Don’t get her wrong, Haley likes officiating, but she’d rather be part of a soccer team. 

“Tyler found a stronger passion for it than I did,” she said. “I like playing the game. He likes analyzing it.” 

Now, Haley has had a taste of what it’s like to play soccer for a top-notch program. She played JV her freshman season and most of her sophomore season before Scott Bilton, the former head varsity girls soccer coach, approached her about moving up to varsity before the end of her sophomore season. 

“It was one of the best moments of my life,” Haley said. “Last year, he liked to remind me of the smile I had and all that.” 

After putting in all the hard work that it takes to be a top-notch soccer player, Haley Eisenbraun has seen the fruits of her labor the past season and a half. Last season, under Bilton, West Forsyth finished 19-4-1 overall and 13-1 in the Central Piedmont 4-A. However, West Forsyth lost to South Mecklenburg 2-0 in the second round of the NCHSAA Class 4-A playoffs. 

“I loved the girls, I loved the coaches, I loved being able to play. Our season did end pretty short in the playoff season, so that was definitely devastating for everyone,” Haley said.

She had another devastating moment last summer. Bilton announced that he was resigning. 

“I was upset knowing I had a different coach for my senior year,” Haley said. “But my mom having coached and my dad having coached, I know that if you don’t get out when you can you’re kind of stuck. And (Bilton) made the best decision for him and his family. It was just disappointing.” 

When Williams was announced as the girls coach Haley did not know much about him. 

“I knew of him from him coaching the boys,” she said. “I didn’t really know how that would transition because coaching boys and girls can be very different.”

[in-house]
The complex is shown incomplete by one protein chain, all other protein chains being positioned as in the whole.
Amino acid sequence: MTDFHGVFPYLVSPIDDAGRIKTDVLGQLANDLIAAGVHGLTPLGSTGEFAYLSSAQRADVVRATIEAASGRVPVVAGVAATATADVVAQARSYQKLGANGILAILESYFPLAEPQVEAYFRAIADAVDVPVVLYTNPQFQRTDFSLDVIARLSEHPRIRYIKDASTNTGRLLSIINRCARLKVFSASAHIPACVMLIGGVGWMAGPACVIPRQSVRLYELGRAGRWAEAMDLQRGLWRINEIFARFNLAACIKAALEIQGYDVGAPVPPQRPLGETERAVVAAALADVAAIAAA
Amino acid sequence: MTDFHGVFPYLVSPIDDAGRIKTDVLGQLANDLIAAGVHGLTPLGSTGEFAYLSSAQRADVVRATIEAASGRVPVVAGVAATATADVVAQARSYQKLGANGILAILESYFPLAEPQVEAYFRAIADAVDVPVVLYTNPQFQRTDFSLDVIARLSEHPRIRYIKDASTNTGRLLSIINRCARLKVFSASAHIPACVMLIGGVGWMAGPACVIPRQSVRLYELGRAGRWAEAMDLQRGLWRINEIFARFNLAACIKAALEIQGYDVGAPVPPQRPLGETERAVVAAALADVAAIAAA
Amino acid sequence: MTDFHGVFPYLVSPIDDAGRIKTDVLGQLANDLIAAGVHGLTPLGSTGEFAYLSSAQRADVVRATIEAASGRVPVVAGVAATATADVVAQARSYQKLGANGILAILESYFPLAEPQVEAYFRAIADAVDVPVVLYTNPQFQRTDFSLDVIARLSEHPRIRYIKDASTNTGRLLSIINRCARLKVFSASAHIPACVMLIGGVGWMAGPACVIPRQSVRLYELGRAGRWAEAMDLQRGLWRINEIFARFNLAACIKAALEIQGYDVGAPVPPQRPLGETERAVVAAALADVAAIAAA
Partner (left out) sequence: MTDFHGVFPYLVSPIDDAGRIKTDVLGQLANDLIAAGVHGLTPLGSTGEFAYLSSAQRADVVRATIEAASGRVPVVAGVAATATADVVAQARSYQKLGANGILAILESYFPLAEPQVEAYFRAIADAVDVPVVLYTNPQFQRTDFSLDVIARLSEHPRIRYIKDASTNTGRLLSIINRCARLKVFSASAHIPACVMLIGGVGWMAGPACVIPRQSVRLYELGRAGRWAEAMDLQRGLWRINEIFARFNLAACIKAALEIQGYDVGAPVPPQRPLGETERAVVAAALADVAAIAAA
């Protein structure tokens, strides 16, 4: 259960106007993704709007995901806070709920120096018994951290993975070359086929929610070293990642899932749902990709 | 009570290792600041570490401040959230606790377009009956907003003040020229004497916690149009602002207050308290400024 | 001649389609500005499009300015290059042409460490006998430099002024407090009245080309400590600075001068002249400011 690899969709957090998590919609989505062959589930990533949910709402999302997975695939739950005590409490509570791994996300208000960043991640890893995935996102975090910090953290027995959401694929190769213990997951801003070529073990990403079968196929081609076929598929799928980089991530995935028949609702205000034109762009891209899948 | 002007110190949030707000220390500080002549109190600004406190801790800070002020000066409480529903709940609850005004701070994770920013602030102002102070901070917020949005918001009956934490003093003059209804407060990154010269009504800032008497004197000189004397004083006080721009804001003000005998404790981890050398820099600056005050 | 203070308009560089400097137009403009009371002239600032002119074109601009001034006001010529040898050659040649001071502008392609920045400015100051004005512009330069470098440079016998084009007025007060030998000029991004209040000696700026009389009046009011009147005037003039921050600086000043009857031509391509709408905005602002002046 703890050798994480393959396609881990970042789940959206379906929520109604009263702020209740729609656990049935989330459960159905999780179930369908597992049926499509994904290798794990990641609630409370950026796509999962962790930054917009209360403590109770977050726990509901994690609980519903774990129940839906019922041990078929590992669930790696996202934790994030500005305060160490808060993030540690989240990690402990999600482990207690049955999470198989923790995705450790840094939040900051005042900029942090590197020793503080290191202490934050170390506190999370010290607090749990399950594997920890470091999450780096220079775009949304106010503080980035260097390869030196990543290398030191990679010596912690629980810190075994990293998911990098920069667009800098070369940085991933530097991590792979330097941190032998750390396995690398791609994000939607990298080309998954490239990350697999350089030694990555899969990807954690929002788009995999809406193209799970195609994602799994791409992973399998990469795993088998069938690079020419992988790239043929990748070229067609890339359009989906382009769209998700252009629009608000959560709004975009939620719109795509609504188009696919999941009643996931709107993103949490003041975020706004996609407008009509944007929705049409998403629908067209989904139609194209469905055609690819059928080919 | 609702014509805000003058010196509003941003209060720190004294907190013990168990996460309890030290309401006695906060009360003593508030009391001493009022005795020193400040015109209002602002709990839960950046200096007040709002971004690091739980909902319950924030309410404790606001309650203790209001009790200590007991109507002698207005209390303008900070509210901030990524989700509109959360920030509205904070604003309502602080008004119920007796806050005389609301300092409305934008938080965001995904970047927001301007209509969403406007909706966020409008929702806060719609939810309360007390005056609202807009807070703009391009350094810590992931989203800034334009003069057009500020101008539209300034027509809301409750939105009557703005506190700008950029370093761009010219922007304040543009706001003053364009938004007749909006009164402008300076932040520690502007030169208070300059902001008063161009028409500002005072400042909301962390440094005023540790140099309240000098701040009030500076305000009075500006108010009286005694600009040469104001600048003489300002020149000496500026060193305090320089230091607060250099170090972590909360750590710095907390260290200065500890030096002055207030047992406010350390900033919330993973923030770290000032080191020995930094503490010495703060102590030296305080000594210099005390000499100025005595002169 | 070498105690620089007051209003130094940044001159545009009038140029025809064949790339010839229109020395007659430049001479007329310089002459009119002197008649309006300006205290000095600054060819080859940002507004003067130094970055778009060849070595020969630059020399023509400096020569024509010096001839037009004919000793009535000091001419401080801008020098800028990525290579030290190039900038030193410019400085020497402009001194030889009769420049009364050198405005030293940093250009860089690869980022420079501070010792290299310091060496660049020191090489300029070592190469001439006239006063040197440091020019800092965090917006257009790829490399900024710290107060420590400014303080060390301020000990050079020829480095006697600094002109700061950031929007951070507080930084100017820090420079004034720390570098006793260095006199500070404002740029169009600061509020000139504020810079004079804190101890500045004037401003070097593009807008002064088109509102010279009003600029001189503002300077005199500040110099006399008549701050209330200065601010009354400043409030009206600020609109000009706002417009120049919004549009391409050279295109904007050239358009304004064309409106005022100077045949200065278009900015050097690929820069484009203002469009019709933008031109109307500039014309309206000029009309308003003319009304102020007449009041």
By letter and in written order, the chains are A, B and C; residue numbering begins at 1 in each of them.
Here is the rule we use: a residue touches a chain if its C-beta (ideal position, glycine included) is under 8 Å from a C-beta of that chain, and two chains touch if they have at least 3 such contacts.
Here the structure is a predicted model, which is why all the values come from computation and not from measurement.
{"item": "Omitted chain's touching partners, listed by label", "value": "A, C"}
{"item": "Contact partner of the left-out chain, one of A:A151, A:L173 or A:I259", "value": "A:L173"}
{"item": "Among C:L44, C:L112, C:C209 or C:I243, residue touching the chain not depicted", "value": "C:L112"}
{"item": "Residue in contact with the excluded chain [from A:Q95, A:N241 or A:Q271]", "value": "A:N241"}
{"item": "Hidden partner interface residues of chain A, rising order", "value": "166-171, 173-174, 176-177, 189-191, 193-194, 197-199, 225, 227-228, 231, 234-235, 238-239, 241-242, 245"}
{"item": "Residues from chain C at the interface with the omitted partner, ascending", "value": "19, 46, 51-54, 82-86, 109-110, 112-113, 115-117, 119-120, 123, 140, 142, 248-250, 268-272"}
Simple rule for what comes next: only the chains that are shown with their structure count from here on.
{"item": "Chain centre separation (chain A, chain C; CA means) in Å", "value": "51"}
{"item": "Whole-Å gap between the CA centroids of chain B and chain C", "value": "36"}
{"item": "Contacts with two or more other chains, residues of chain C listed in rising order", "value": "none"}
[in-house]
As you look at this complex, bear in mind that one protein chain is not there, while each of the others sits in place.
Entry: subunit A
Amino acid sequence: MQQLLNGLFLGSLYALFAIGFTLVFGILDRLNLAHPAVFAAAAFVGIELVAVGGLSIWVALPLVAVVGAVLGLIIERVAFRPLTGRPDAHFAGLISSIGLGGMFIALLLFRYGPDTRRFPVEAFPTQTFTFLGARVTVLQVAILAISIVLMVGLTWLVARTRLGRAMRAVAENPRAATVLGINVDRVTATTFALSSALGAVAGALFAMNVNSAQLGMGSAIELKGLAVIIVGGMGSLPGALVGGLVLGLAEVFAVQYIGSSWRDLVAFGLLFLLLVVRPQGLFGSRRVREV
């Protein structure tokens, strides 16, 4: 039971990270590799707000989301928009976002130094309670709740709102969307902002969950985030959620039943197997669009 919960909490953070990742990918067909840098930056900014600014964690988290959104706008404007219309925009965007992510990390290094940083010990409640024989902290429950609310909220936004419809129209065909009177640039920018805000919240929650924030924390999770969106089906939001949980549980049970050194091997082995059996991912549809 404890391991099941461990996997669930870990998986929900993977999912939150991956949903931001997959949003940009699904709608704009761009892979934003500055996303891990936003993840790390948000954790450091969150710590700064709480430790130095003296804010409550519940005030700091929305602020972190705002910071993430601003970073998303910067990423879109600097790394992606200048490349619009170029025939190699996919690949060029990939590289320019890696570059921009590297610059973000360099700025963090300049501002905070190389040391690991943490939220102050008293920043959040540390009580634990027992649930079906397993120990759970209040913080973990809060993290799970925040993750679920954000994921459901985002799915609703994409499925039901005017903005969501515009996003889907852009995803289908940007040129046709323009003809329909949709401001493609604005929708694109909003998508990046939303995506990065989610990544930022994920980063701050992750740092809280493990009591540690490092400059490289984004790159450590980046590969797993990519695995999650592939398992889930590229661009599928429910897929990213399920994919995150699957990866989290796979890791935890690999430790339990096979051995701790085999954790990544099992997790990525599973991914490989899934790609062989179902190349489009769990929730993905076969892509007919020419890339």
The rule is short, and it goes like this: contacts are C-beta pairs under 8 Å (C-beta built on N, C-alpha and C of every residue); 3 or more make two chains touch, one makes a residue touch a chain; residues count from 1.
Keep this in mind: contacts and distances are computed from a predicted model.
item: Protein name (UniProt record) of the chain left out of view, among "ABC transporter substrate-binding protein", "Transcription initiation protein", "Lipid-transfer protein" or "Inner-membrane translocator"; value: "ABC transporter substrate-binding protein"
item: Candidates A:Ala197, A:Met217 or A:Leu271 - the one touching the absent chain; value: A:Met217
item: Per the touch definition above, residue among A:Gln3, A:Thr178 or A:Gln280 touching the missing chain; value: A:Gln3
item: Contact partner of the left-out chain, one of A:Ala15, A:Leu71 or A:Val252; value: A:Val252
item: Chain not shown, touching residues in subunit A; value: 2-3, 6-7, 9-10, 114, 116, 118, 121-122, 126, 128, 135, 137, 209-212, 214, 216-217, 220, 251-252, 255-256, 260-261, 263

She didn’t find out until later that Williams coached as Bilton’s assistant for many seasons on the girls team. 

“I think that put an ease to a lot of us, like, ‘Oh, he’s coached girls before,’” Haley said.  

Playing mostly midfield for the Titans, she has to play as if her head were on a swivel. That means she needs to be able to see the entire soccer field. 

“She comes in and tactically runs her position well and helps out probably more so defensively,” Williams said. “But (against Glenn on March 20) she actually scored. It was a good goal and I was proud of her, it was a good opportunity for her.” 

Something else has helped Haley Eisenbraun on the soccer field, and vice versa. She is on the girls wrestling team at West Forsyth. 

“I fell in love with it almost immediately, after the first practice,” she said. “It was really fun. It was a great way to get out a lot of your frustrations and anger and everything.” 

Led by Tony Hairston, the girls wrestling coach for the past season, it was a new adventure for her. 

“We had pretty much an entirely new coaching staff this year and so that called for its own change there,” Haley said. “But I still had the same passion and love for it.” 

She improved throughout the season, but there was one bump in the road at the end of the season. Wrestling mostly at 165 pounds for most of the season, she dropped to the 152-pound class. 

“I made it to regionals this year,” Haley said. “But then I got concussed in the first round. It ended that season early.” 

Williams can see how competing in other sports helps with playing soccer.